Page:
“The only good thing about borders are the secret crossings.”
Once we have our borders as clean and obvious as we can make them, we find Manuel Rivas’s “secret crossings.”
In secret crossings, people who are forcibly kept separated by walls and guns and passport control are able to make connections totally unexpected.
The borders—the imaginary lines where one group rubs up against another group—offer opportunity for transformation.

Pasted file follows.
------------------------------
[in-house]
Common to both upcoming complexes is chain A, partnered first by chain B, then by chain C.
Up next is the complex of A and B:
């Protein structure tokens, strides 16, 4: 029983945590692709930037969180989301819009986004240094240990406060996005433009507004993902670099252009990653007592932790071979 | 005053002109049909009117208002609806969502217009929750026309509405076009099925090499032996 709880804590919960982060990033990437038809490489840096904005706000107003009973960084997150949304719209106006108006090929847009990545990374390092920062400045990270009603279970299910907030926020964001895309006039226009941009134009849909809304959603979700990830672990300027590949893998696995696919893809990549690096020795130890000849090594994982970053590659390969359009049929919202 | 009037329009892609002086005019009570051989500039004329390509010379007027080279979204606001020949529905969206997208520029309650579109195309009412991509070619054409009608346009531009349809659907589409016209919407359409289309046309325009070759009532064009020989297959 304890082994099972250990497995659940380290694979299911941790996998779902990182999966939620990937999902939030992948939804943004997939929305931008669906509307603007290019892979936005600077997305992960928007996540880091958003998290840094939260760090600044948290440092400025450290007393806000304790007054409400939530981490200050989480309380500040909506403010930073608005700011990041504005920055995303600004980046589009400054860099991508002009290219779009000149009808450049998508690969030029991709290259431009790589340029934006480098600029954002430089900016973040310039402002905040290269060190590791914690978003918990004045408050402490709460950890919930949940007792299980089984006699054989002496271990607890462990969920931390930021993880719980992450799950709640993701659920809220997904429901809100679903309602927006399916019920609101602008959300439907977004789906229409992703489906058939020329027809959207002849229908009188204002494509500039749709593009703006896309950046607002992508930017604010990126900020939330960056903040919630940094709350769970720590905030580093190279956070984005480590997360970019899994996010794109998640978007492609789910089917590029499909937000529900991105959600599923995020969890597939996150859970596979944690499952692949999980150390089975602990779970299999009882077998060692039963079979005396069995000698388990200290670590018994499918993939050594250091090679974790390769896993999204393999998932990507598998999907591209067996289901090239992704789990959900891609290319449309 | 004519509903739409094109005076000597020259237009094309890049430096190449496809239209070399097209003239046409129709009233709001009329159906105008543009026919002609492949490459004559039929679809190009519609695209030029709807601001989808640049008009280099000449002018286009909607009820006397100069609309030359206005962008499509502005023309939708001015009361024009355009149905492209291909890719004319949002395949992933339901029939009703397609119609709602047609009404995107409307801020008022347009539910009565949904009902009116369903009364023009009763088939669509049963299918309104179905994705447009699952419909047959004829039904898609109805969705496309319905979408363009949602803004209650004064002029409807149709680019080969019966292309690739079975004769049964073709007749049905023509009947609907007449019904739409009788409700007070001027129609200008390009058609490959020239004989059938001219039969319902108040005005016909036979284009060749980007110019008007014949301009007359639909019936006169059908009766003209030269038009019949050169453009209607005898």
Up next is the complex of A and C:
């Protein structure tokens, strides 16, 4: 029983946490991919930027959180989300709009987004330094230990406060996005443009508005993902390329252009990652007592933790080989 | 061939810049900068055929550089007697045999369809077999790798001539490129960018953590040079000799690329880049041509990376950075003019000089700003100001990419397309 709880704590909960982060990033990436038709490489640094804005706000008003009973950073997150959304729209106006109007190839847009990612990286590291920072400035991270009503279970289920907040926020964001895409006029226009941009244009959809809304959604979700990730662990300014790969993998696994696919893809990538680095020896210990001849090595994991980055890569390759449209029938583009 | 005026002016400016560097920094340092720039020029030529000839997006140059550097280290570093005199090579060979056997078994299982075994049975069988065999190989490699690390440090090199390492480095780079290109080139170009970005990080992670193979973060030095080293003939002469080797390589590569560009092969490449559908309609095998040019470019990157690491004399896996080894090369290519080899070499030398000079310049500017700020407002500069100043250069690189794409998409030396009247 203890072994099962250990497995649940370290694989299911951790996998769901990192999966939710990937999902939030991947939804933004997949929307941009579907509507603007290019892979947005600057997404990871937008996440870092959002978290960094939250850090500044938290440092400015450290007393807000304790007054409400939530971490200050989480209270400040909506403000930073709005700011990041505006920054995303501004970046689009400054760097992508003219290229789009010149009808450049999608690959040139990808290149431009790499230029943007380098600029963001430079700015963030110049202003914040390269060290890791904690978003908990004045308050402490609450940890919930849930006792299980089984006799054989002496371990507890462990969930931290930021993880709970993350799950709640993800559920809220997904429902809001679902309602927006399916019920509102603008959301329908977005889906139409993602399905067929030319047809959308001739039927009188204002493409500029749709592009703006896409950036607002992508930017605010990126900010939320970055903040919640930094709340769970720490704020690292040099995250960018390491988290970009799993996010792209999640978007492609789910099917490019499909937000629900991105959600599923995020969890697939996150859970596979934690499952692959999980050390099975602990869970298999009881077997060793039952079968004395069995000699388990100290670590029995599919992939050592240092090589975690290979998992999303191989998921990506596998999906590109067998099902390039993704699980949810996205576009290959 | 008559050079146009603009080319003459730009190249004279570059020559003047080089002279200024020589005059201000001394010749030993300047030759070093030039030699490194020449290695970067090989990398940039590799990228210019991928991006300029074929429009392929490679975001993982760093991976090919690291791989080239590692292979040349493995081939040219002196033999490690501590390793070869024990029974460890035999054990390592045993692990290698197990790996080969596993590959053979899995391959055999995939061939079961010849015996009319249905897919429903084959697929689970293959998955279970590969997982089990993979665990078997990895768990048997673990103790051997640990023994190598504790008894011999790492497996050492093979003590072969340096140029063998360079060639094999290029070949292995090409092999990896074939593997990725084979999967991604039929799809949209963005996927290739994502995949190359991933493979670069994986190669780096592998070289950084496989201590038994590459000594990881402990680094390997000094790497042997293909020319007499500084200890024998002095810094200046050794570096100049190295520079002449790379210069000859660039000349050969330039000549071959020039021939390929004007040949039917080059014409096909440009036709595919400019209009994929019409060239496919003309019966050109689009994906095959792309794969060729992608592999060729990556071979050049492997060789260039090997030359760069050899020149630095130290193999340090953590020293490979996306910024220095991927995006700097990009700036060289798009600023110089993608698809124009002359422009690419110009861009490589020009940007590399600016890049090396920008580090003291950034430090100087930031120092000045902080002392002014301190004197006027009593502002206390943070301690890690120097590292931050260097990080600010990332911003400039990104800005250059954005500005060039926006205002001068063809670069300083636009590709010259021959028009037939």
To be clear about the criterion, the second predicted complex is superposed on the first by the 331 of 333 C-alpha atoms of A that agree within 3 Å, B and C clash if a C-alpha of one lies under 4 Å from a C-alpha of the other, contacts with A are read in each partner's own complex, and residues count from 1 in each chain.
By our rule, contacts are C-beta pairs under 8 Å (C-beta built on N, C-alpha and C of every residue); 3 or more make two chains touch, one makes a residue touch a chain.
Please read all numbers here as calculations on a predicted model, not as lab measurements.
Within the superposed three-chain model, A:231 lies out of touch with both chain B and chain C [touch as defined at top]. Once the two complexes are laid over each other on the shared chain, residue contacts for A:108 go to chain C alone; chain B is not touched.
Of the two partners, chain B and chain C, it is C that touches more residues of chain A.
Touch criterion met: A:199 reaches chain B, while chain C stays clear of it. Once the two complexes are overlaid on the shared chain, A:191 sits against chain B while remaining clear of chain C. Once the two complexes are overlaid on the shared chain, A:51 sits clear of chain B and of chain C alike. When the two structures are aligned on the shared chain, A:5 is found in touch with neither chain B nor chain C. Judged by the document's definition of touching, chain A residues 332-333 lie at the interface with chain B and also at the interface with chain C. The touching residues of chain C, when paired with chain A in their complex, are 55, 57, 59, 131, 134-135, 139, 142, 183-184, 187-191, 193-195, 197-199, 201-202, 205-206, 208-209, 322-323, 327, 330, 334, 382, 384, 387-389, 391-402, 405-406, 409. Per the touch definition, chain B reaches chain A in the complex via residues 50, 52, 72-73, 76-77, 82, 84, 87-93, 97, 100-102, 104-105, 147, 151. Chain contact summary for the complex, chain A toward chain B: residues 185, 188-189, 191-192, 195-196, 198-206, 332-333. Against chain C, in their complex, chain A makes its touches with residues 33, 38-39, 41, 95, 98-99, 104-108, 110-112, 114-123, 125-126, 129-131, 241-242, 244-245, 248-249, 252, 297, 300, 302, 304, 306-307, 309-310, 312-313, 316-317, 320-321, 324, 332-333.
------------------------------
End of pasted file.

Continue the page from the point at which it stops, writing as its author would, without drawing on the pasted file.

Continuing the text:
I think of Susan, leading yoga at the Lebanon/Syria border, being imitated by guards who had guns bigger than Susan herself.
I think of the car at the Syria/Lebanon border that bore a West Virginia Wesleyan College bumper sticker.
I think of the little boys selling nuts outside of our bus; the extent of our English/Arabic communication was playing the hand-slapping game.
We find connections in disconnected people. What is familiar to us—including our faith—is hidden within the unfamiliar.